Question:

what makes a torque converter fail?

by Guest11415123  |  9 years, 9 month(s) ago

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i was driving happily, then the enginw just reved-up and no power. i pulled of the road and couldebt get going again. so the car (nissan bluebird CA18 engine) was towed to the garage. Am told i need to change torque converter. cant it be repaired?
dave

 Tags: converter, FAIL, makes, torque

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2 ANSWERS

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  2. Ali Abdullah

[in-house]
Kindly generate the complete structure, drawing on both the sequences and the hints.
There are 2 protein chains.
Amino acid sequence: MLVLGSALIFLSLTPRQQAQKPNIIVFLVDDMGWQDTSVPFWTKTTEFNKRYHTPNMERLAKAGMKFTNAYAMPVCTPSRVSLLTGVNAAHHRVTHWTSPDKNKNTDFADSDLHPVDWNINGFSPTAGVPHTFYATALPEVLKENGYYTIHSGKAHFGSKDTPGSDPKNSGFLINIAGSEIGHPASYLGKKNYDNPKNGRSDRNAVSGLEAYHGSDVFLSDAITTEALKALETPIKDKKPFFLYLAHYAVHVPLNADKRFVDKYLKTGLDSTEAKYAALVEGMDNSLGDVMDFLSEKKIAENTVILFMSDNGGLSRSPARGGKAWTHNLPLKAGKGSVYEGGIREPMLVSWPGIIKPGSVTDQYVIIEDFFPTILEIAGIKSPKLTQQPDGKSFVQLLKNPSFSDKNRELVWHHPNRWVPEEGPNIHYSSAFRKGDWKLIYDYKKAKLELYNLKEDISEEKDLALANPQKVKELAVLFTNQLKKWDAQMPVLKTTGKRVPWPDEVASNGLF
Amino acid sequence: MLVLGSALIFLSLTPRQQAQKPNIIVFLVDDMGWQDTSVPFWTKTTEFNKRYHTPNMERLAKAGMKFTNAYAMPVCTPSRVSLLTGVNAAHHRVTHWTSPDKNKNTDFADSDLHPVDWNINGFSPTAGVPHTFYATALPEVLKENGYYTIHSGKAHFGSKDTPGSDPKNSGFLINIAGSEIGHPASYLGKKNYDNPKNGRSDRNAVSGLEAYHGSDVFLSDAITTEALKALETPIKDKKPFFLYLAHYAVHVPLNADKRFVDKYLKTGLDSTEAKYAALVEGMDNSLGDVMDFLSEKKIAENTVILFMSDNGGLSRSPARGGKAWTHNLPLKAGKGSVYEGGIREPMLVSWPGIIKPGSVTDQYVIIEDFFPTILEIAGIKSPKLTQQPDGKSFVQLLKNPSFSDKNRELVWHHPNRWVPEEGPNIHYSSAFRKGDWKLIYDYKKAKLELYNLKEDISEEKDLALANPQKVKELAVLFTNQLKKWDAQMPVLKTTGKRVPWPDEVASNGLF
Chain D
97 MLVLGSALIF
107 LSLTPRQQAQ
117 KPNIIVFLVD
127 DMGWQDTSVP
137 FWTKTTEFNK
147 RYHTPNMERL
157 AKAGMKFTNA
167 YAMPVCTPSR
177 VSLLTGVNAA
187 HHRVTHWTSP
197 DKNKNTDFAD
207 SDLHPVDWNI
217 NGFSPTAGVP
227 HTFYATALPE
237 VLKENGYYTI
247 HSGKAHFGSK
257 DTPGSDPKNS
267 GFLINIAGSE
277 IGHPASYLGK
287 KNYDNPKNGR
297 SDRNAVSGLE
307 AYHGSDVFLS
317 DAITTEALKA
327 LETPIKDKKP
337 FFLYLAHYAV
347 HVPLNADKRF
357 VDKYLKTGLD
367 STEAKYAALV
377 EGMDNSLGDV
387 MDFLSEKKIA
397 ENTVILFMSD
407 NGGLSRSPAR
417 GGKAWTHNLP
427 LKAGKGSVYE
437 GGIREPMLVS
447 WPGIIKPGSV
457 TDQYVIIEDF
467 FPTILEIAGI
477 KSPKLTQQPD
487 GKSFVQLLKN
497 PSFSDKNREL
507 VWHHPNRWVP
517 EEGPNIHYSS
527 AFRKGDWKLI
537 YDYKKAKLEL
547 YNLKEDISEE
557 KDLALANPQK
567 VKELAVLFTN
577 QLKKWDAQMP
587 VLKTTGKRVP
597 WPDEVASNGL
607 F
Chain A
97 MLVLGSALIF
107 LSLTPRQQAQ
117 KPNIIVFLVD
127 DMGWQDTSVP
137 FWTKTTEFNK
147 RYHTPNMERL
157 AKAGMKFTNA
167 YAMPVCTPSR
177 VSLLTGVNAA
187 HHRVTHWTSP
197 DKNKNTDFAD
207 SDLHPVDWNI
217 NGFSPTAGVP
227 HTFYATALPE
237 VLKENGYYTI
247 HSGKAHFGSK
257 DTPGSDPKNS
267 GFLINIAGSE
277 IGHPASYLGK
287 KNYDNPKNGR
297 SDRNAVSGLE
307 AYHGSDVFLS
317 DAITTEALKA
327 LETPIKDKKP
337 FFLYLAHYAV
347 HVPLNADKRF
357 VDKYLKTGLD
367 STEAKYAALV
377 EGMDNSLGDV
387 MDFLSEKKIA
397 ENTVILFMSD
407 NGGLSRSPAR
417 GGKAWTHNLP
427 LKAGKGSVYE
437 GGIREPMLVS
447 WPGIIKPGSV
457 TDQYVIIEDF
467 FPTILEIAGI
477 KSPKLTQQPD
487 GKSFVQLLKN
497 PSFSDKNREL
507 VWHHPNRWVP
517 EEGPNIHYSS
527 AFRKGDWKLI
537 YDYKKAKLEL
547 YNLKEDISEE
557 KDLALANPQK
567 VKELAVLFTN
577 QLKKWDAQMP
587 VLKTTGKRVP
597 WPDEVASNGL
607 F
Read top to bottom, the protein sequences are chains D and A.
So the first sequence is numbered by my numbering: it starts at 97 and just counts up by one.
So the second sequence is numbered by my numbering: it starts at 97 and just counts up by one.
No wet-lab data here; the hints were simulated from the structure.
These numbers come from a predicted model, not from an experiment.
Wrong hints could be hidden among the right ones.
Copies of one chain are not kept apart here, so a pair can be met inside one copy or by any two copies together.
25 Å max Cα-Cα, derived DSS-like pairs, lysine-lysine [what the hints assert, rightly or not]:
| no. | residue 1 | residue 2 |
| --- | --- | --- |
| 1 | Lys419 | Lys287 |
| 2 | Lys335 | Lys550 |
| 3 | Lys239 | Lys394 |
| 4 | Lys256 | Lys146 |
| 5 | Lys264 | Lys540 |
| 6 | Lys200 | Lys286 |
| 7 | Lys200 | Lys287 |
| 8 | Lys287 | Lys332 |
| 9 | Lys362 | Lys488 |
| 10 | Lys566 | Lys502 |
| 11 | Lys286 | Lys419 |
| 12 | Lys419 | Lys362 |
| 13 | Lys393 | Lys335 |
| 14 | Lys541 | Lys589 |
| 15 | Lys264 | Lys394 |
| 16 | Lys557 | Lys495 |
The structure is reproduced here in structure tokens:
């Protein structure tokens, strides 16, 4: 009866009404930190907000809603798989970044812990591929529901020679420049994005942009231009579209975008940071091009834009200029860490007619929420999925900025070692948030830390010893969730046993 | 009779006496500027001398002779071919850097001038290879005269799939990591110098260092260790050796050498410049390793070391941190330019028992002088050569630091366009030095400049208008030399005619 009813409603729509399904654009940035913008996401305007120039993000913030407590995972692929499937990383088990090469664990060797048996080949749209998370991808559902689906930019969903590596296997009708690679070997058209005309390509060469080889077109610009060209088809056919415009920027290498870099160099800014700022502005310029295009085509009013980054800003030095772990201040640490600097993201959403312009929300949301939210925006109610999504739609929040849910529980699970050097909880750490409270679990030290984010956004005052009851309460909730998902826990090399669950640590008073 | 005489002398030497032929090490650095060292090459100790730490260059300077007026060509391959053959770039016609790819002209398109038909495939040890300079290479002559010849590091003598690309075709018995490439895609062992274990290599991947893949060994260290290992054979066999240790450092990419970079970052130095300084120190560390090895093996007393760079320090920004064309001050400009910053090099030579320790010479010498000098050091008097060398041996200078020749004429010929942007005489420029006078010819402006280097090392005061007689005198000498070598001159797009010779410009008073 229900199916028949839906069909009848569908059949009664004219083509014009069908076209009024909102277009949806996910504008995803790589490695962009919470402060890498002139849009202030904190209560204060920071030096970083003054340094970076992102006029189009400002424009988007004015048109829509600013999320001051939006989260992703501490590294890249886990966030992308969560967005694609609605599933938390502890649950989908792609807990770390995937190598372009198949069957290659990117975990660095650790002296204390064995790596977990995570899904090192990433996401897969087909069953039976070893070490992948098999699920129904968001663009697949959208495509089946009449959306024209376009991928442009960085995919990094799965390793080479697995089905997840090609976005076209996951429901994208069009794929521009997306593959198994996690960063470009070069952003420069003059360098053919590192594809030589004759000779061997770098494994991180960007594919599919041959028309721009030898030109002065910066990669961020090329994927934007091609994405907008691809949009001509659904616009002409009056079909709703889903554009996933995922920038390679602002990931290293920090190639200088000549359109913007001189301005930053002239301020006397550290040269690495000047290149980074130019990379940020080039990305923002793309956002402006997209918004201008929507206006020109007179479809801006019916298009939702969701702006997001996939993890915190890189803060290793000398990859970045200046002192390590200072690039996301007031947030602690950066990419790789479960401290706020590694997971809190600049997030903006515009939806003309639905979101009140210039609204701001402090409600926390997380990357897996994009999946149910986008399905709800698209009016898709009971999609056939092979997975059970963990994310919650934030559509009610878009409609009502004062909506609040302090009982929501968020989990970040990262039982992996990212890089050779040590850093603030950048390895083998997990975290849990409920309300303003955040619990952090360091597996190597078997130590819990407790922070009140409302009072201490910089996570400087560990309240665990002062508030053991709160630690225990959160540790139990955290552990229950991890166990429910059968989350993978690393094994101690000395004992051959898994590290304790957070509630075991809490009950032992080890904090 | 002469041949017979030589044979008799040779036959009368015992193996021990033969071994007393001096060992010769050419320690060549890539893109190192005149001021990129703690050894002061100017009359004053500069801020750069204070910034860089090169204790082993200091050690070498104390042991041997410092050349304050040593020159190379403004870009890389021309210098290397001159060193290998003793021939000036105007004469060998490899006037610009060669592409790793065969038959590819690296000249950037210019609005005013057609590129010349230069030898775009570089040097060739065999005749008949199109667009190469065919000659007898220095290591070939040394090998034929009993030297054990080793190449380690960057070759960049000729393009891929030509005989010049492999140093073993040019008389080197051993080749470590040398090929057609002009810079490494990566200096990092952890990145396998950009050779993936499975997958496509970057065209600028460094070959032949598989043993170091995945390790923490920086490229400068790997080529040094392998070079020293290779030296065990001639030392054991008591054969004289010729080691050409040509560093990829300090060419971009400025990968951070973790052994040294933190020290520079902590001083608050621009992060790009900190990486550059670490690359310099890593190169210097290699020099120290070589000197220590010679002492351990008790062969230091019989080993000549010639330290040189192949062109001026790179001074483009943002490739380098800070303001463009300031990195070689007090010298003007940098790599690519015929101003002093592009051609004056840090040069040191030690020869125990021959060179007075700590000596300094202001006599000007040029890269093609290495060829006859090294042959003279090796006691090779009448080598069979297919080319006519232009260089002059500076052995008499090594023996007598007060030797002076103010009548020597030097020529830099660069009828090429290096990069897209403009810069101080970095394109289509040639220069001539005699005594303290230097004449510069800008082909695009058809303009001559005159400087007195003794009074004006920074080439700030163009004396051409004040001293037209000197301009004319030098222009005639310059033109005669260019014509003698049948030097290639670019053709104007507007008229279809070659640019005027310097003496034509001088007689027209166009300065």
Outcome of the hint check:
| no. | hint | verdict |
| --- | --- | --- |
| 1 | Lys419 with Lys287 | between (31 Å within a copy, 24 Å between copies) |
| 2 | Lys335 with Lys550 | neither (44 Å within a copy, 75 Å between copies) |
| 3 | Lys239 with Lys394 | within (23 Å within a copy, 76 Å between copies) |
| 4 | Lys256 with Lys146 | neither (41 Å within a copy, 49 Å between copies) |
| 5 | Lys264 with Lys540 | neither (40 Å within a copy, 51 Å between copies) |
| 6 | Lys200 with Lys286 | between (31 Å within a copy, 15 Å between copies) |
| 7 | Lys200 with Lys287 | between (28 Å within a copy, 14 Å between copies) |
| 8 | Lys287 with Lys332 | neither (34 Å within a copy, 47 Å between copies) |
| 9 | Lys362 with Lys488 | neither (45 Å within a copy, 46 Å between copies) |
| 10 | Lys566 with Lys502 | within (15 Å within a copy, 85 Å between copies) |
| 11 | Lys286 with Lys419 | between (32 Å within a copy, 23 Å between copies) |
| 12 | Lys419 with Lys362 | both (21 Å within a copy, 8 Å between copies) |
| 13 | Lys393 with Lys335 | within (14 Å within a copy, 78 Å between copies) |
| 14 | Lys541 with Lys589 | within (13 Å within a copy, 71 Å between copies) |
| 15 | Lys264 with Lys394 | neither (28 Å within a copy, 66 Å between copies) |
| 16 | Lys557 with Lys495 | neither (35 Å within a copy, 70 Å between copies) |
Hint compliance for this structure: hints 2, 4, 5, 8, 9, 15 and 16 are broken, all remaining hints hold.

Hi, As with a basic fluid coupling the theoretical torque capacity of a converter is proportional to r\,N^5D^2, where r is the mass density of the fluid, N is the impeller speed (rpm), and D is the diameter. In practice, the maximum torque capacity is limited by the mechanical characteristics of the materials used in the converter's components, as well as the ability of the converter to dissipate heat (often through water cooling). As an aid to strength, reliability and economy of production, most automotive converter housings are of welded construction. Industrial units are usually assembled with bolted housings, a design feature that eases the process of inspection and repair, but adds to the cost of producing the converter. In high performance, racing and heavy duty commercial converters, the pump and turbine may be further strengthened by a process called furnace brazing, in which molten brass is forced into seams and joints to produce a stronger bond between the blades, hubs and annular ring(s). Because the furnace brazing process creates a small radius at the point where a blade meets with a hub or annular ring, a theoretical decrease in turbulence will occur, resulting in a corresponding increase in efficiency. Overloading a converter can result in several failure modes, some of them potentially dangerous in nature: * Overheating: Continuous high levels of slippage may overwhelm the converter's ability to dissipate heat, resulting in damage to the elastomer seals that retain fluid inside the converter. This will cause the unit to leak and eventually stop functioning due to lack of fluid. * Stator clutch seizure: The inner and outer elements of the one-way stator clutch become permanently locked together, thus preventing the stator from rotating during the coupling phase. Most often, seizure is precipitated by severe loading and subsequent distortion of the clutch components. Eventually, galling of the mating parts occurs, which triggers seizure. A converter with a seized stator clutch will exhibit very poor efficiency during the coupling phase, and in a motor vehicle, fuel consumption will drastically increase. Converter overheating under such conditions will usually occur if continued operation is attempted. * Stator clutch breakage: A very abrupt application of power can cause shock loading to the stator clutch, resulting in breakage. When this occurs, the stator will freely counter-rotate the pump and almost no power transmission will take place. In an automobile, the effect is similar to a severe case of transmission slippage and the vehicle is all but incapable of moving under its own power. * Blade deformation and fragmentation: Due to abrupt loading or excessive heating of the converter, the pump and/or turbine blades may be deformed, separated from their hubs and/or annular rings, or may break up into fragments. At the least, such a failure will result in a significant loss of efficiency, producing symptoms similar (although less pronounced) to those accompanying stator clutch failure. In extreme cases, catastrophic destruction of the converter will occur. * Ballooning: Prolonged operation under excessive loading, very abrupt application of load, or operating a torque converter at very high RPM may cause the shape of the converter's housing to be physically distorted due to internal pressure and/or the stress imposed by centrifugal force. Under extreme conditions, ballooning will cause the converter housing to rupture, resulting in the violent dispersal of hot oil and metal fragments over a wide area. Thanks

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